Is it time to rebalance your tech investments to prepare for the new normal?
4 min read.
Top 3 Business Impacts & Recommendations For CIOs: Lessons Learned From COVID-19
The impacts of COVID-19 – which businesses have experienced large and small – serve as a wake-up call for those that are unprepared for the long-term implications of this or a similar pandemic, and what is now being referred to as the #newnormal.
As a result of the impacts of COVID-19, enterprises globally are facing the difficulties of supply chain disruption and employee immobilisation. Since COVID-19 is contagious, businesses are also evaluating the prospect of cancelling in-person meetings, conferences and events. Consumer demand has been impacted differently across industries. Some enterprises have experienced dramatic negative impacts, such as travel and public transportation, while others are experiencing major demand spikes – like pharmaceuticals and medical equipment.
Most businesses are focused on dealing with the short-term impacts of coronavirus, but it’s critical to recognise the long-term impacts, too. Because traditional channels of operation and communication have been disrupted, the value of digital channels has never been more evident. Thus, CIOs can present a better business case as digitalisation serves as a wake-up call for businesses that are potentially overly focused on daily operational needs rather than digital investments and long-term flexibility. To better prepare for future growth, it’s advisable for organizations to rebalance business priorities and technology investments now.
“COVID-19 has disrupted operations and will have prolonged impacts on continuity of operations, modes of working and growth patterns. CIOs need to respond to the crisis with both short- and long-term actions to increase resilience against future disruptions, and prepare for rebound and growth.” – Gartner, Inc. in Coronavirus (COVID-19) Outbreak: Short- and Long-Term Actions for CIOs
Top 3 COVID-19 Impacts CIOs Should Be Aware of and Be Responding To Today
1. Organisations are struggling with business continuity while many employees are stranded in various locations without immediate plans for returning.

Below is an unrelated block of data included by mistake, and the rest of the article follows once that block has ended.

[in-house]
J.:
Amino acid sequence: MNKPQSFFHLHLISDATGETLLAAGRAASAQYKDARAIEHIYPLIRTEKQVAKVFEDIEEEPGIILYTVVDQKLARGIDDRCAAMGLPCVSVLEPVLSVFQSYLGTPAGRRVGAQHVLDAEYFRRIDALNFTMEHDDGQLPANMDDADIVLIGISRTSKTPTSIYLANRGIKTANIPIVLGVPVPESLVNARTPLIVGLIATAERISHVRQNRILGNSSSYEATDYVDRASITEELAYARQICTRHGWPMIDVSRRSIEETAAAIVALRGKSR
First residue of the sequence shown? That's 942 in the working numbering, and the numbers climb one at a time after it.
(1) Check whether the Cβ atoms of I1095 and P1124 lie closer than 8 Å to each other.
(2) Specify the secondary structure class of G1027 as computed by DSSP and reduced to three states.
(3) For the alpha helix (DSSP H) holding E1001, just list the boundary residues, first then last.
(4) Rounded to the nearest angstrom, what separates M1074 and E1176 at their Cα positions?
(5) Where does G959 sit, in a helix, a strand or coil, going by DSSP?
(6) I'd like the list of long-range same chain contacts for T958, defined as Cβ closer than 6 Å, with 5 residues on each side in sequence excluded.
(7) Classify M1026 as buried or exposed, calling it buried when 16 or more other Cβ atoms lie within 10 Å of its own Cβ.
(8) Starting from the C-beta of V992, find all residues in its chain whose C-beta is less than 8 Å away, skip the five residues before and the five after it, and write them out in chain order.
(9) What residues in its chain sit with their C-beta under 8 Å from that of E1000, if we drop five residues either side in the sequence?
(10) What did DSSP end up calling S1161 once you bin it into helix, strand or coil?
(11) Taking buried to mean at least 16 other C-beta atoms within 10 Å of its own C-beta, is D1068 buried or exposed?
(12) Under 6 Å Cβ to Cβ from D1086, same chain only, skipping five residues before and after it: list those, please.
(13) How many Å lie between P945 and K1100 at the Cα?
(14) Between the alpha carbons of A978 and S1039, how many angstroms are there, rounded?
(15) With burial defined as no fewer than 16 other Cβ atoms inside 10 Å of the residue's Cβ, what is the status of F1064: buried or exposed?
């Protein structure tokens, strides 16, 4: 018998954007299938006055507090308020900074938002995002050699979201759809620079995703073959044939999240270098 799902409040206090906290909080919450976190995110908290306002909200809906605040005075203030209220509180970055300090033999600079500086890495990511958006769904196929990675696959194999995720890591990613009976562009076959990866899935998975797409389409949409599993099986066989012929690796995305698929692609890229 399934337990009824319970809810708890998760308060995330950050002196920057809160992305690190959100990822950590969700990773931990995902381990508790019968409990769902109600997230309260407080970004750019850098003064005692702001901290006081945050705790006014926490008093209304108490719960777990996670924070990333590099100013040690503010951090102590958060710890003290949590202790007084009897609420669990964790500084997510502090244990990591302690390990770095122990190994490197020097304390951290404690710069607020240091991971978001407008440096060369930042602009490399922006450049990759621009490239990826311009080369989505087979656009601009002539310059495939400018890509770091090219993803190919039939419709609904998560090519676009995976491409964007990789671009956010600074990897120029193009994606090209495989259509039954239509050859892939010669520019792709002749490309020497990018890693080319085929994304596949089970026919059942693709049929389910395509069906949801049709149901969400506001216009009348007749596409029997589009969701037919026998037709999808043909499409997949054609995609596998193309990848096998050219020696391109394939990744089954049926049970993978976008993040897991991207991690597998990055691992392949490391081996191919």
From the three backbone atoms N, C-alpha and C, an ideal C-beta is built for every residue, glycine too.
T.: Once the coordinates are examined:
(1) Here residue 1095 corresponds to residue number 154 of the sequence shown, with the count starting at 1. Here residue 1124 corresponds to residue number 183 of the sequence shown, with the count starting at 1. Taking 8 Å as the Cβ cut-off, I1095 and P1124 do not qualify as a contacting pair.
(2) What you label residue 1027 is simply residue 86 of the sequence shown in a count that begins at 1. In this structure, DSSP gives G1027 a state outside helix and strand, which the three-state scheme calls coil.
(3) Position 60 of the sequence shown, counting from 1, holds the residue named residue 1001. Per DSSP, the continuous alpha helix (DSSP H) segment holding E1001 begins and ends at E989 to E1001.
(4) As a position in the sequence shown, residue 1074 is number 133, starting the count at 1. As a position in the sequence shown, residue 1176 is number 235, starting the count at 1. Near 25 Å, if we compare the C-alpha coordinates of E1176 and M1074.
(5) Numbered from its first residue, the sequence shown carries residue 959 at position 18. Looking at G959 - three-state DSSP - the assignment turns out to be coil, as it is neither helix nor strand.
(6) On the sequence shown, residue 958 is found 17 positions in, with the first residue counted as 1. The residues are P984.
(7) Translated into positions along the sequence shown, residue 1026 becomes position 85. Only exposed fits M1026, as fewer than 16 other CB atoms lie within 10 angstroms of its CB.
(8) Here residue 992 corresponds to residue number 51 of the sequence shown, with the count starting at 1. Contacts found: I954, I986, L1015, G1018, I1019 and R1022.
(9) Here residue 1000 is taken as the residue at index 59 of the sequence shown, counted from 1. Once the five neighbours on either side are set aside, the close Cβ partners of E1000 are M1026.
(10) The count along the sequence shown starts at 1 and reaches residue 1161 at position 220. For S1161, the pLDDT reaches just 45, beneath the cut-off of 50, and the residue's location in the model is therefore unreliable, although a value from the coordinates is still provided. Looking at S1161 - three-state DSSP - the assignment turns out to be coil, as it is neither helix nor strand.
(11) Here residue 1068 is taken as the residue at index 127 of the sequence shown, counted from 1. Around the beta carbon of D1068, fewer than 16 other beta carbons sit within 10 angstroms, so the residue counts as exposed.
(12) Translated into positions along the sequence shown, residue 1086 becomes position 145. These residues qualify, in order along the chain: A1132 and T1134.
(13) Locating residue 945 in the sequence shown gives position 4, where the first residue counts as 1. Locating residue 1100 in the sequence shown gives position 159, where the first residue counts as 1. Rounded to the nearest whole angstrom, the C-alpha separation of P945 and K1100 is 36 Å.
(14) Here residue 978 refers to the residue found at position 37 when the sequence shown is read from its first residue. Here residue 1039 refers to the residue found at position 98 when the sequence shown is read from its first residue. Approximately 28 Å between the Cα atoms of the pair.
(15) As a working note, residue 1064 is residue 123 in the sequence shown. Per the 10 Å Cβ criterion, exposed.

Quarantine measures and travel restrictions are abounding globally, leading to significant uncertainty as to when employees may return to their respective work locations. Employees who have managed to return to home base are typically asked to self-quarantine for seven to 14 days. To compound matters, travel restrictions seem indefinite, making it hard to predict when business operations can resume rather than running on limited capacity or remaining suspended entirely. As a result of the geographic disparity of employees and general uncertainty, the demand for cloud based technology and collaboration tools has surged as businesses have worked tediously to enable remote workforces.
There are many hard-hitting lessons garnered from the COVID-19 crisis that may very well be valuable for long-term business flexibility and sustainability. Remote work is sure to become more mainstream post COVID-19; thus, businesses should be preparing for the change. CIOs will do well to develop a robust digital workplace strategy to improve overall efficiency, ensure business continuity and enable employees to work remotely successfully.
2. Changes in market demands are drastic, leading to major stress for businesses
Fluctuating market demands are impacting businesses in a dichotomous fashion: first, many industries are facing considerable declines in demand. Financial challenges are a serious problem as cash flows deplete. Conversely, some industries are experiencing major demand spikes: online grocery, medical equipment and supplies, education, etc. However, many of these organisations simply weren’t prepared with the proper employees or facilities to cope, resulting in frustrated, disengaged customers.
Businesses will need to enable self-service options and diversify their investments in digital tools to respond more effectively to changing demand through digital channels. Making these investments will allow organisations to be more strategic and resilient in the long term.
3. Unclear or limited information is leading to misinformed business decisions, which is increasing employee anxiety and resulting in unpreparedness for future rebound and growth plans
Information on COVID-19 is pouring in from a myriad of sources and government entities. Due to the mix of information, it’s an uncertain environment in which to makes decisions as to when employees can return to the office. Many employees are feeling anxious because corporate communications don’t always address key concerns. Businesses should utilise data to support their go-forward decision making and communicate progress and changes to employees. It’s also a good time to test the quality of data and analytics capabilities designed to influence business decisions.
The above is an overview of the primary business impacts CIOs should be aware of and responding to during this time.